Riga & Liepaja

Sorry I’m falling behind on my keeping you all updated. I’ve been insanely social and busy, shocking as that may be to some of you. I headed down to Riga, Latvia with the intention of going over to Sigulda and Gauja National Park. Turns out, I loved Riga so much I never made it to Sigulda or Gauja and stayed an extra night in Riga. Riga has been my favourite town on my travels by far (I’ve now made it all the way over to Vilnius, Lithuania). There are varying reasons for this methinks. First of all, it has a really hoppin’ Old Town, but there is also just as much to see (if not more) outside of Old Town as there is in it. I also chose to stay in a hostel due to the fact that I had no internet up in Soomaa so didn’t have time to contact a couchsurfing host and met a lot of really awesome people, which led to a great time.

I got to Riga after 3 days with pretty much no caffeine, no chocolate and no alcohol. Those three days taught me that I’m an addict of chocolate, caffeine and possibly alcohol. However, I’m alright with that, so we’ll overlook it. I got to Riga, dropped of my bags at the hostel, found a phone company to buy a new SIM card and headed to a beer garden for a nice, cold local beer and some grub. For dining in Riga I recommend avoiding the beer gardens unless you are just having some drinks with friends or are there for the live music. There is a great little buffet that is insanely cheap (or as cheap as Latvia can be) called Lido’s and they have a restaurant right near the beer gardens. Go to Lido’s instead.

I ended up staying at the Naughty Squirrel Hostel in the Old Town and I highly recommend it. The owner is an Australian expat and the staff consists of Latvians which means you can get lots of insider information from the locals and there is a great friendly atmosphere. It’s a cheap, clean place to stay (quiet as well) and if you value a bit more privacy but still want cheap and to self-cater they do have a very well stocked kitchen and private rooms available. No, I was not asked to advertise for them and I’m not getting any kickbacks if you book with them through the link on the name. I just highly recommend them.

Anyway, between great conversations with travellers who weren’t constantly trying to one up each other on where they had been and what they’ve done (admittedly something I am shamefully guilty of doing) and cheap beer we had an amazing time. In the evenings we would play kings cup (a drinking game), go to karaoke (my first time. I sang ‘Don’t go breaking my heart’ by Elton John and Kiki Dee with a new friend of mine), or go pub crawling. I even got some pole dance in! I did the obligatory street poling but when we went to a club after karaoke, Jarrod, the owner of the hostel and my new best friend, showed me a dance pole in the lower level of the club. I’ll admit I was so excited that I was not being at all ladylike and was doing butterflies and DVD covers with my dress up around my neck. Thank goodness for full coverage knickers. On top of that, when we went on a pub crawl the next night, the first club had an actual dance pole and I spent the entire time at that club either amazing the crowd with my mad skills (I had to back up my bragging at the hostel) or teaching the guys and random drunk girls how to do basic tandem pole moves. All in all it was a freaking awesome night.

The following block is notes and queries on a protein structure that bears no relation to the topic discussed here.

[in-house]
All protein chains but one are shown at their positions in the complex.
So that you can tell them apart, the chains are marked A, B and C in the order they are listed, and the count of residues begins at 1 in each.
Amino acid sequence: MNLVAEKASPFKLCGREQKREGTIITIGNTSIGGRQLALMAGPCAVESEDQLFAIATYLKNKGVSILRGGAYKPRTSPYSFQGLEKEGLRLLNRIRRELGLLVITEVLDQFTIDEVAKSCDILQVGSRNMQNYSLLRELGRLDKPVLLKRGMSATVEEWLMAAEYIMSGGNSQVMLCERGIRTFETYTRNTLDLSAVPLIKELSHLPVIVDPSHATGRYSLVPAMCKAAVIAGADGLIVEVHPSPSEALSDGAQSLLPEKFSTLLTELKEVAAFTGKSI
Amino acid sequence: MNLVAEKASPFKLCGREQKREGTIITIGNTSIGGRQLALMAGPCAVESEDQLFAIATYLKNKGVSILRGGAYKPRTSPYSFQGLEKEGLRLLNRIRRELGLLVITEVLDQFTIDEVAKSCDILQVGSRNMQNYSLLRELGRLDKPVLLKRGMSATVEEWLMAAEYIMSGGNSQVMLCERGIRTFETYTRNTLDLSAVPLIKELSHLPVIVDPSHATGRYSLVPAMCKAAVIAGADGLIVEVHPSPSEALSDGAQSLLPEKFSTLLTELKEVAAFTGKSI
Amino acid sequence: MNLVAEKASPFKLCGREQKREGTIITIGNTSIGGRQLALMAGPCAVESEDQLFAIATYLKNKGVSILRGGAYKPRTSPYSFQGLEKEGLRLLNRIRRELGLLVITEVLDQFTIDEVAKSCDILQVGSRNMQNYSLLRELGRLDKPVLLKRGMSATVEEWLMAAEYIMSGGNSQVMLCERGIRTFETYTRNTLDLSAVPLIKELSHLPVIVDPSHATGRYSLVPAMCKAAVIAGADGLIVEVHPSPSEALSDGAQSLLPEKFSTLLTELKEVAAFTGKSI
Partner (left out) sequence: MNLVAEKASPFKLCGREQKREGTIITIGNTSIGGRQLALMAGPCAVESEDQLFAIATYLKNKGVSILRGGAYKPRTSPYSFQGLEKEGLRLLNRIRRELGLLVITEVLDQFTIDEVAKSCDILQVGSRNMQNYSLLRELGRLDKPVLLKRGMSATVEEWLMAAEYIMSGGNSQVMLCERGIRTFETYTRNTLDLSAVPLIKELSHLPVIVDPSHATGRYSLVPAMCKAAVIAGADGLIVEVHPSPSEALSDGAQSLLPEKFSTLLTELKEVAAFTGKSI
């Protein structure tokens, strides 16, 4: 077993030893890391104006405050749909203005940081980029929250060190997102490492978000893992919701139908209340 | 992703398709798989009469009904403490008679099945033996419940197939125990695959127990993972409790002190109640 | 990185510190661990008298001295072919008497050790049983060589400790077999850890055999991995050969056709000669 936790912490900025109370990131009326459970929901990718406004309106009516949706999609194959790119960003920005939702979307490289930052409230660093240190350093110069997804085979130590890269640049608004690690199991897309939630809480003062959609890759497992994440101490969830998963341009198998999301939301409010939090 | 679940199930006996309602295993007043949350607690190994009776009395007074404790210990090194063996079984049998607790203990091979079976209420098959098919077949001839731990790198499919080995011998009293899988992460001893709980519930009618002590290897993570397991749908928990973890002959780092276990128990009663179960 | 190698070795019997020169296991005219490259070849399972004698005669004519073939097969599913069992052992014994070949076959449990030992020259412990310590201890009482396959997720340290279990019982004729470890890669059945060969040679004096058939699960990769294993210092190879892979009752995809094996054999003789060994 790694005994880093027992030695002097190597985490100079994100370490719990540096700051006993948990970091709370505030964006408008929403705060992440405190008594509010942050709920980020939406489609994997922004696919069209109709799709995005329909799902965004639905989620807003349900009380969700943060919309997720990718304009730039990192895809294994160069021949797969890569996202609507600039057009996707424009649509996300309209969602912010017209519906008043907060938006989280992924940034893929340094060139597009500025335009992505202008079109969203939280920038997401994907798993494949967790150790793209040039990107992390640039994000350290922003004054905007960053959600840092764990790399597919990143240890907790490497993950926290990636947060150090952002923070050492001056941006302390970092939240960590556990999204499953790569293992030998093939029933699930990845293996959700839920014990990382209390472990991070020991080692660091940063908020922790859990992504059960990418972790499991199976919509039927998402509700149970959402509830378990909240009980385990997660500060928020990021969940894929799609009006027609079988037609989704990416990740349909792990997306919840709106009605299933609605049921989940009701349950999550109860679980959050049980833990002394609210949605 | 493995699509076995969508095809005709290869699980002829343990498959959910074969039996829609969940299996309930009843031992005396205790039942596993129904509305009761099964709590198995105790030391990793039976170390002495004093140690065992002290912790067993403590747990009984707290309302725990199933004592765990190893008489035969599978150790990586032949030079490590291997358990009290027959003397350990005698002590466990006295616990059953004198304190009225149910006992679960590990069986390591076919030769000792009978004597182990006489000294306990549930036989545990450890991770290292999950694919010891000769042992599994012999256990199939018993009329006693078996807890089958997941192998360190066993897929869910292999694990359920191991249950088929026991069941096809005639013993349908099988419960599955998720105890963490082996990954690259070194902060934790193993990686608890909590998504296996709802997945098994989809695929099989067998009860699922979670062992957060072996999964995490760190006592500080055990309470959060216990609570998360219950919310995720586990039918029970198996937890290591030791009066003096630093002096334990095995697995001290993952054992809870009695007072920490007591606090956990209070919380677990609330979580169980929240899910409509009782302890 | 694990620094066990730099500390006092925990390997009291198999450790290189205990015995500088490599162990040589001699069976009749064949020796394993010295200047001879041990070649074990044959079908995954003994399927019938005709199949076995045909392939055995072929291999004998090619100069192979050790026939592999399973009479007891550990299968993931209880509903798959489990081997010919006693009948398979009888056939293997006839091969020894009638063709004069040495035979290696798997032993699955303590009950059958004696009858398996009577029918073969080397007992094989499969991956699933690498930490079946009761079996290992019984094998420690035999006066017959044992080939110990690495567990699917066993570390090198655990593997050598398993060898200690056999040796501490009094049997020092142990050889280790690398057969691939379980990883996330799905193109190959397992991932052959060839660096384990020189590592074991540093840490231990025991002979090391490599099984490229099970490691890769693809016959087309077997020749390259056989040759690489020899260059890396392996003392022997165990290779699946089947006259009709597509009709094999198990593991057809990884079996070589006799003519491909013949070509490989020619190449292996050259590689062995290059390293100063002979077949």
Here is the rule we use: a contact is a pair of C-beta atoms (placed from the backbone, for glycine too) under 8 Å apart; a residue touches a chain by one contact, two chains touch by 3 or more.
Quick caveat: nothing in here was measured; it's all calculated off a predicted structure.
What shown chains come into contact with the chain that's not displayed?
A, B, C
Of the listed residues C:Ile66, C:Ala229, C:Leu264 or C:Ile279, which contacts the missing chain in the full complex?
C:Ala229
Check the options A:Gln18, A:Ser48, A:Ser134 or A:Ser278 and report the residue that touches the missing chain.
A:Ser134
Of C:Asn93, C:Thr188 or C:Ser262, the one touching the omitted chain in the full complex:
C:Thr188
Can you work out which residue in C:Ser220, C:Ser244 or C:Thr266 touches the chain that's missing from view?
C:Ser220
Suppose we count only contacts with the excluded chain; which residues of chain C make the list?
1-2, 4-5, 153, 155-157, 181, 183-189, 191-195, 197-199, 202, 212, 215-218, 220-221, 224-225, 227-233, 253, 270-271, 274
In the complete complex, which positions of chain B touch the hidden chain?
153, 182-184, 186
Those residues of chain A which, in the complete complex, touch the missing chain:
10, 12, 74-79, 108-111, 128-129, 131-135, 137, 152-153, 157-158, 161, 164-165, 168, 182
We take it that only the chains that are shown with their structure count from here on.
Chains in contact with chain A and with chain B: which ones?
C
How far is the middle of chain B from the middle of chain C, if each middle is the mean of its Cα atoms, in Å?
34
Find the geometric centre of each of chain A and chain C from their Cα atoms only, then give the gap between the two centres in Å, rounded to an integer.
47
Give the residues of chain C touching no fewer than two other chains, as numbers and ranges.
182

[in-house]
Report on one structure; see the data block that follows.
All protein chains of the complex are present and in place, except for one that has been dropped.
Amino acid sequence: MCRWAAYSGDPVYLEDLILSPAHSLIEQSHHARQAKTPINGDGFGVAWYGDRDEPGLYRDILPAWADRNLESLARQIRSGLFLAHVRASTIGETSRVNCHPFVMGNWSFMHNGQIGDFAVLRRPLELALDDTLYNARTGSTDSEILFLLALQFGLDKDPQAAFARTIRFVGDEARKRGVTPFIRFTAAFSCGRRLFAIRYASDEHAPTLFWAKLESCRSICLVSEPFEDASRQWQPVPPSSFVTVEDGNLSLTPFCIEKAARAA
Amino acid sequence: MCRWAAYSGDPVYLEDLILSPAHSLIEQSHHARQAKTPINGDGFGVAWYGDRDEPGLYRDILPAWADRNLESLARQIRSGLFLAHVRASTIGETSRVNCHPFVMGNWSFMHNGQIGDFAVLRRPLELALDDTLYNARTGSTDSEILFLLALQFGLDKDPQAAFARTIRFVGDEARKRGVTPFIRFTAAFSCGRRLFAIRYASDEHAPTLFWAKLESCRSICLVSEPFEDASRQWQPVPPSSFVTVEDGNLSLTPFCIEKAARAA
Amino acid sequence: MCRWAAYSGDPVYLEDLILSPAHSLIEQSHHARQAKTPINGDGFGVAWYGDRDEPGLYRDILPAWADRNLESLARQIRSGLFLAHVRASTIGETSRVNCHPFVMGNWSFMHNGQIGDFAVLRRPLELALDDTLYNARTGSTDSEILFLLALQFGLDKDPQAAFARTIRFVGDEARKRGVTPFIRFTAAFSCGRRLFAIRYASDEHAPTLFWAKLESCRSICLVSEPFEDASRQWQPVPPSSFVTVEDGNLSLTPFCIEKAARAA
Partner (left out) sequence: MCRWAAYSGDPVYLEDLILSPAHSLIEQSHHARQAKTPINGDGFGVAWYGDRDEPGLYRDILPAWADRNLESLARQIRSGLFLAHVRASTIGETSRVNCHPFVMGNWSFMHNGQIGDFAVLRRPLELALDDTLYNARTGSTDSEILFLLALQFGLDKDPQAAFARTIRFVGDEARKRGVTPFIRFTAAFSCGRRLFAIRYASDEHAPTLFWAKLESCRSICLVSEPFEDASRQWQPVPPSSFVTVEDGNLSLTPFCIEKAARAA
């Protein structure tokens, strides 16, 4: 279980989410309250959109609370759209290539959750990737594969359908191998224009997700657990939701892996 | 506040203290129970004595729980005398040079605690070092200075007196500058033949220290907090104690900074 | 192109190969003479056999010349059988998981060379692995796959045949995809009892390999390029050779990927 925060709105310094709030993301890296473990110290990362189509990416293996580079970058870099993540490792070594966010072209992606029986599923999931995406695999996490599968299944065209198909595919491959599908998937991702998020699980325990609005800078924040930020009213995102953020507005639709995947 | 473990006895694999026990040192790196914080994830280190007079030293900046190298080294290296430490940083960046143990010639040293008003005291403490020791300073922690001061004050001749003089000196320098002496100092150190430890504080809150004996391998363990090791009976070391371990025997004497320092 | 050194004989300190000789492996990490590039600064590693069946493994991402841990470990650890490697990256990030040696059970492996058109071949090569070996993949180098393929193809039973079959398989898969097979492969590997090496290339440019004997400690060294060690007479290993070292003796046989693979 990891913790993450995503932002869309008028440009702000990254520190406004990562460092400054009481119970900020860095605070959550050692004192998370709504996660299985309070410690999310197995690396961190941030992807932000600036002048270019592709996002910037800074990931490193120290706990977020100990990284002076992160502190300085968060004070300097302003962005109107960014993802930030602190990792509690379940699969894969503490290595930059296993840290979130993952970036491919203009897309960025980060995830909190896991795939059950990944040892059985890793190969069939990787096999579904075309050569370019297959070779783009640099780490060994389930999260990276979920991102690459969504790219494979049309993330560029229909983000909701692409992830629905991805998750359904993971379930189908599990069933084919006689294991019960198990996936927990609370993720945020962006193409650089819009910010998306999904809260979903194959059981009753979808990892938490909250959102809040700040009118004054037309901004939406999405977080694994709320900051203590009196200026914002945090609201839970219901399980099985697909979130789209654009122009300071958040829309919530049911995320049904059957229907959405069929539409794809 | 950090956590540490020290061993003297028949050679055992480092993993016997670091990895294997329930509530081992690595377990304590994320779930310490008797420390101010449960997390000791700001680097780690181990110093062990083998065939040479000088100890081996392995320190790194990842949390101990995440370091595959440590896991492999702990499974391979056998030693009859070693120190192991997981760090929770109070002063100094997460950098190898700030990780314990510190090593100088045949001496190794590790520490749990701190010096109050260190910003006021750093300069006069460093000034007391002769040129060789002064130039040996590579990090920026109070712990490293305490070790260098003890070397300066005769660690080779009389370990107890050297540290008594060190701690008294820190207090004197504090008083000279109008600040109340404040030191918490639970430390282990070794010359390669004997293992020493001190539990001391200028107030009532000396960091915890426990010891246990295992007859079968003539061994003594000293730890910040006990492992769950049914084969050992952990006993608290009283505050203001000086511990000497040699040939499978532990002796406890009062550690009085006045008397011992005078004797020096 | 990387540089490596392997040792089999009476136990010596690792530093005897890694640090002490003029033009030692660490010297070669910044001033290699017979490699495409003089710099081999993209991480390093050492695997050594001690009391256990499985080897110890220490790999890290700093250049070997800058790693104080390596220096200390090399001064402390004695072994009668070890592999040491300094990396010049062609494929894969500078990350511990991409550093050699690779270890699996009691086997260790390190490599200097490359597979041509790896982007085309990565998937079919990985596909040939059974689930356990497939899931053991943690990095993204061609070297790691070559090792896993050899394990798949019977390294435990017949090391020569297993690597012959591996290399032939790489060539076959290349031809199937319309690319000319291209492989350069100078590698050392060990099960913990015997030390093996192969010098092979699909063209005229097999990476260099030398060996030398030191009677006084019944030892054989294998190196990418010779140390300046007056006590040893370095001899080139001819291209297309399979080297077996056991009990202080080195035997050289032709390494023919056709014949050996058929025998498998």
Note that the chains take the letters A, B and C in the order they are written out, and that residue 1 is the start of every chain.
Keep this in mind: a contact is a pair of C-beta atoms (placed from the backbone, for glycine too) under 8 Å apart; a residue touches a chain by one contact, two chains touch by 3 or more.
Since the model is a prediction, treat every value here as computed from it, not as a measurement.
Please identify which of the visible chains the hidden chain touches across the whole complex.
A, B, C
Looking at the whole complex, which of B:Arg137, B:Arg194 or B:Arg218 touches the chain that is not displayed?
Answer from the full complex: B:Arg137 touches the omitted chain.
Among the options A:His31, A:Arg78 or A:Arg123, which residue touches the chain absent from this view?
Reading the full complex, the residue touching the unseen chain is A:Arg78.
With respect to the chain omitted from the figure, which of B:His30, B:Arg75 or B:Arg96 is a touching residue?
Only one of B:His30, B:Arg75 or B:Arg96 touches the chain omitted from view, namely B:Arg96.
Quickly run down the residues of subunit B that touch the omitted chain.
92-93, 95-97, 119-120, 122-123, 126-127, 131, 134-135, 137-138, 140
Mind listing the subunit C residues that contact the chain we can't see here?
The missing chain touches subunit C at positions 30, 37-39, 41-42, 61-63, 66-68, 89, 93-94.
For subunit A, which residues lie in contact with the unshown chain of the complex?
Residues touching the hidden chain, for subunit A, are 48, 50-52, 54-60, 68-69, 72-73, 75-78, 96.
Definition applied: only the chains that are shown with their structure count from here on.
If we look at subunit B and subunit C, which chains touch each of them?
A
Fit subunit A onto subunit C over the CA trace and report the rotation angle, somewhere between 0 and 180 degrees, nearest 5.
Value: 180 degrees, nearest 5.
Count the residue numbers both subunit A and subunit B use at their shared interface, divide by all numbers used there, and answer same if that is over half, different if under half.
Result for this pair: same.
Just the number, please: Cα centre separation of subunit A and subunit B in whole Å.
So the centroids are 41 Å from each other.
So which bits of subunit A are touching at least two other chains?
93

Street poling in Riga between karaoke and a nightclub.
Who doesn’t love a good jagged edge!

Other than the amazing nightlife in Riga there is so much to see, most of it outside of Old Town. Below are just a few of the things that I did that there are to see and do.

Museum of Occupation– This is an absolute must. If you are only stopping in Riga for a day you cannot miss this museum. There is so much to see in there and the way it is set up you really have no idea how long you are there. It covers both Nazi and Soviet occupation in Latvia and has excellent descriptions on the artefacts and information on the occupation in Latvian, English, German and Russian. I went wandering around Riga with two Canadian girls that I met and we spent 2 hours in the museum and didn’t even realise it. They also have a small selection of books on Latvian occupation in English, which I greatly appreciated.

Freedom Monument– Other than being an insanely large obelisk with a Lady Liberty-esque woman on top, there is more than one reason to go. The monument is next to a beautiful park that is split by a canal. We ended up sitting there for the better part of an hour eating ice cream and people watching. Highly recommended.